“You didn’t take any for yourself?” asked Zack.

“No, why would I?” asked Nectra. “Finding you’s always been the important thing here.”

“It’s not purified, if that’s what you’re asking,” said Chala. “It’s mostly tiny amounts bundled up in other substances or intermingled with other energies. I’d say there’s enough for me to retire on, though. It’d probably power a planet for a few weeks.”

“Incredible,” said Zack. “So… this story time’s great, but it doesn’t get us any closer to finding The Phantom Matador. We should pick up the trail again.”

“How?” said Chala. “He could be anywhere by now.”

“We’ll track him down,” said Zack. “Nectra knows where they’ve been crashing. Between my skills and her knowledge and skills, I think we should be fine.”

Nectra smiled, her mouth stretching wide enough to make her teeth apparent to anyone watching. Chala nodded.

“Okay,” Chala said. “Okay, good plan. I’ll pitch in, too. You’re going to need my knowledge of the terrain.”

“Can we take it, though” asked Nectra. “You live with these snake people, right? And Zack couldn’t take their help before, when he and I came here. It’s part of his trial or something, right?”

Zack rolled his eyes.

“I think catching the Phantom Matador before he causes more harm trumps that, Nectra,” he said.

“Actually… no, she’s right,” said Chala.

“What?”

“Seriously, Zack,” said Chala. “If you were a fellow Sthenite, I could probably help you to at least track him down without anyone caring much. But the Suzerain’s going to have to explain you very well to the other tribal leaders who don’t like us. Two humans helping each other on trials breaks too many rules for her to smooth over without ordering your execution. You’ll be fine without me.”

Zack cupped his hand over his face and thought. Nectra curiously stepped in front of him to take a look before she looked to Chala questioningly.

“You’re right,” he said, finally. “Which way’s your forge from here?”

“Northwest,” said Chala, pointing.

Zack looked up and followed Chala’s finger. He nodded.

“Come on, Nectra. Wish us luck, Chala.”

He turned to move through the jungle again, and Nectra spread her wings to leap into the trees. Chala waved to the departing shangmere and human as they vanished from view.

“Good luck, Tzak,” she said.

Episode 110: Delicious Flaws

The cave was dark.

He had taken for granted the fact that he was descending. It was a reliable sensation of motion in a lightless environment, and along with the scent of damp stones and soil and the refreshing coolness of the air it was just a part of the backdrop for the trials he expected to start at any moment. What he wasn’t expecting was for the descent to stop so abruptly.

He shifted his gravity to avoid teetering over the edge, and adjusted his grip on the vines holding his platform. Did the vines stop lowering because there was no more vine to lower, or because the platform had reached solid ground? It felt like the ground. He tried rocking back and forth, but the platform didn’t sway beneath him. He carefully moved his hands up and down the vines, and felt the faintest hint of slack. He nervously reached down from the platform and felt solid stone.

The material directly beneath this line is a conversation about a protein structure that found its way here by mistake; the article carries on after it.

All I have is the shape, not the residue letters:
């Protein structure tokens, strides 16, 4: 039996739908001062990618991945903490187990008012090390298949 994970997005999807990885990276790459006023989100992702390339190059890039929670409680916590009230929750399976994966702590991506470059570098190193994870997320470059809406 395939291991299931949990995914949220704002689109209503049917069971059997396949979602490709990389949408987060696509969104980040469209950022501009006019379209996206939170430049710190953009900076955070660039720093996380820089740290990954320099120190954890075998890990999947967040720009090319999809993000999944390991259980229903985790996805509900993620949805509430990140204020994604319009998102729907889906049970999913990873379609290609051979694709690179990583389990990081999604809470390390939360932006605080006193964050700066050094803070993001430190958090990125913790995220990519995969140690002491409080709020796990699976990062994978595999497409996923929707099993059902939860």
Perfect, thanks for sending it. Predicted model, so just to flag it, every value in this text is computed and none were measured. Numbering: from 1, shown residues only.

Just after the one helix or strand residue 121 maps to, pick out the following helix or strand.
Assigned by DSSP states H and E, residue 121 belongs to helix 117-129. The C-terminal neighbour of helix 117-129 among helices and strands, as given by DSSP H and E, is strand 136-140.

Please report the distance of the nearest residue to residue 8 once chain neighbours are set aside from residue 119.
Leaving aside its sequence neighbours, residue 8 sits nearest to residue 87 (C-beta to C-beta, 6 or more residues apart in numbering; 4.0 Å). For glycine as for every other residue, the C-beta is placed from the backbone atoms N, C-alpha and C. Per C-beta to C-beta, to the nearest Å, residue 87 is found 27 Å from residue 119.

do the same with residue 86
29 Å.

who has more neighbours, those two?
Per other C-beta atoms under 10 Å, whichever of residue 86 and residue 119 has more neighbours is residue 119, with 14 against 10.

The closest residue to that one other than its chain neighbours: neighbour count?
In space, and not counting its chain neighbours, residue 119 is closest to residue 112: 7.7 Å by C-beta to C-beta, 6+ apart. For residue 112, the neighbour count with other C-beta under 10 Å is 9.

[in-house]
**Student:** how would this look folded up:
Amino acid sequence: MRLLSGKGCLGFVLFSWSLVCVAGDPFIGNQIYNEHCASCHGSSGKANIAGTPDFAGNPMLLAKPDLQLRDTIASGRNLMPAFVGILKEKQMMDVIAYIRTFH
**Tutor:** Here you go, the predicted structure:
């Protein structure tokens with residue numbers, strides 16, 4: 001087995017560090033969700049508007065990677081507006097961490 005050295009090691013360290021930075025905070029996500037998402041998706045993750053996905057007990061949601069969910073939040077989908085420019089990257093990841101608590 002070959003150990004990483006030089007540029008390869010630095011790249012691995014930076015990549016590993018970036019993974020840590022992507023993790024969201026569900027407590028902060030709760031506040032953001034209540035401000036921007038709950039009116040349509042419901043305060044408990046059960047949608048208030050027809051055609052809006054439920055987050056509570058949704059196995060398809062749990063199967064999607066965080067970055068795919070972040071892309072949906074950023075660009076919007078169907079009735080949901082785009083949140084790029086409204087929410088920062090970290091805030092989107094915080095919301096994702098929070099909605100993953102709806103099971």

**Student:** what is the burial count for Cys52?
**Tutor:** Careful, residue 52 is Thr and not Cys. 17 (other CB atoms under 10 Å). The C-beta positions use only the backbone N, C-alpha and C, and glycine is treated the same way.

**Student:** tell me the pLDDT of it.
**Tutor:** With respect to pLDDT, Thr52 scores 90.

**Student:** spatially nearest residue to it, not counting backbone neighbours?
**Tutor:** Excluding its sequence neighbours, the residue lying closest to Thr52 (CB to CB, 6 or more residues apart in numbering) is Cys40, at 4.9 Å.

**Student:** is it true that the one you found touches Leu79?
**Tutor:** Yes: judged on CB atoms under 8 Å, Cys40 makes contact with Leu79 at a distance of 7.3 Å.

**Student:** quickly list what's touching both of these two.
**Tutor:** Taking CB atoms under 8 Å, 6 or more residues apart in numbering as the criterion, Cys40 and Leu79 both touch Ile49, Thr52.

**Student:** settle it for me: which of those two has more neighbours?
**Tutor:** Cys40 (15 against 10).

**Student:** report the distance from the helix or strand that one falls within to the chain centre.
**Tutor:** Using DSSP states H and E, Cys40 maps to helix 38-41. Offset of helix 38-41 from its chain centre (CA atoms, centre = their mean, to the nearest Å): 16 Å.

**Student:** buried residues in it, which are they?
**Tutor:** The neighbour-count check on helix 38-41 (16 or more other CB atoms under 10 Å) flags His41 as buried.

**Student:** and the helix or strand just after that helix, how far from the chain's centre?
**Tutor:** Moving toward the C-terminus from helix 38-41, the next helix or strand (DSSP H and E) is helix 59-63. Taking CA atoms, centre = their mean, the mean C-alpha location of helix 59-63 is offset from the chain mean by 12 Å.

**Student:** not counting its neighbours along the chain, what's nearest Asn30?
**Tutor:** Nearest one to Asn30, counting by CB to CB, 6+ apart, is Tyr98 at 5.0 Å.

Zack took more steadying breaths and cautiously stepped off the platform. He reflexively clutched his hand, but remembered that he didn’t have his lumisphere anymore.

“Where’d I put that?” he muttered, checking all of the pockets of his coat. He needed to start carrying actual light sources with him.

Except the light was dangerous, yes? The darkness was confusing but safe, while the light was illuminating for… whatever was in the darkness. That’s why someone told him not to use the lumisphere too often. Without the lumisphere there would, at least, be no risk of overuse.

“Hello?” he said, taking a careful step forward. “I’m looking for some sort of… trial? People who… don’t speak my language. Tsaya lassar, tsara yaurala? Am I saying that right? …do tsaya and tsara mean different things, or are they different forms of the same word?”

A rustling came from the darkness in front of him. Soft hissing? Feathers ruffling? Shifting air pressure from an elevator closing on poor terms?

An electric hum sounded as a bright green crescent of light unfolded in the air in front of him. Zack stared at it, not sure why it looked so familiar. When it danced through the air, the way it moved reminded him of an old image of the Grim Reaper he saw a long time ago. Suddenly the light of the arc increased and he saw the manic smile face of Nectra, the shangmere assassin, illuminated by the light of scythe. Her wings spread and she seemed to surge through the air toward him, and Zack jumped out of the way. As Nectra drew nearer, he realized that she looked stranger than normal. Scales covered her face and her wings were graced with feathers, making them appear more like a bird’s than a bat’s.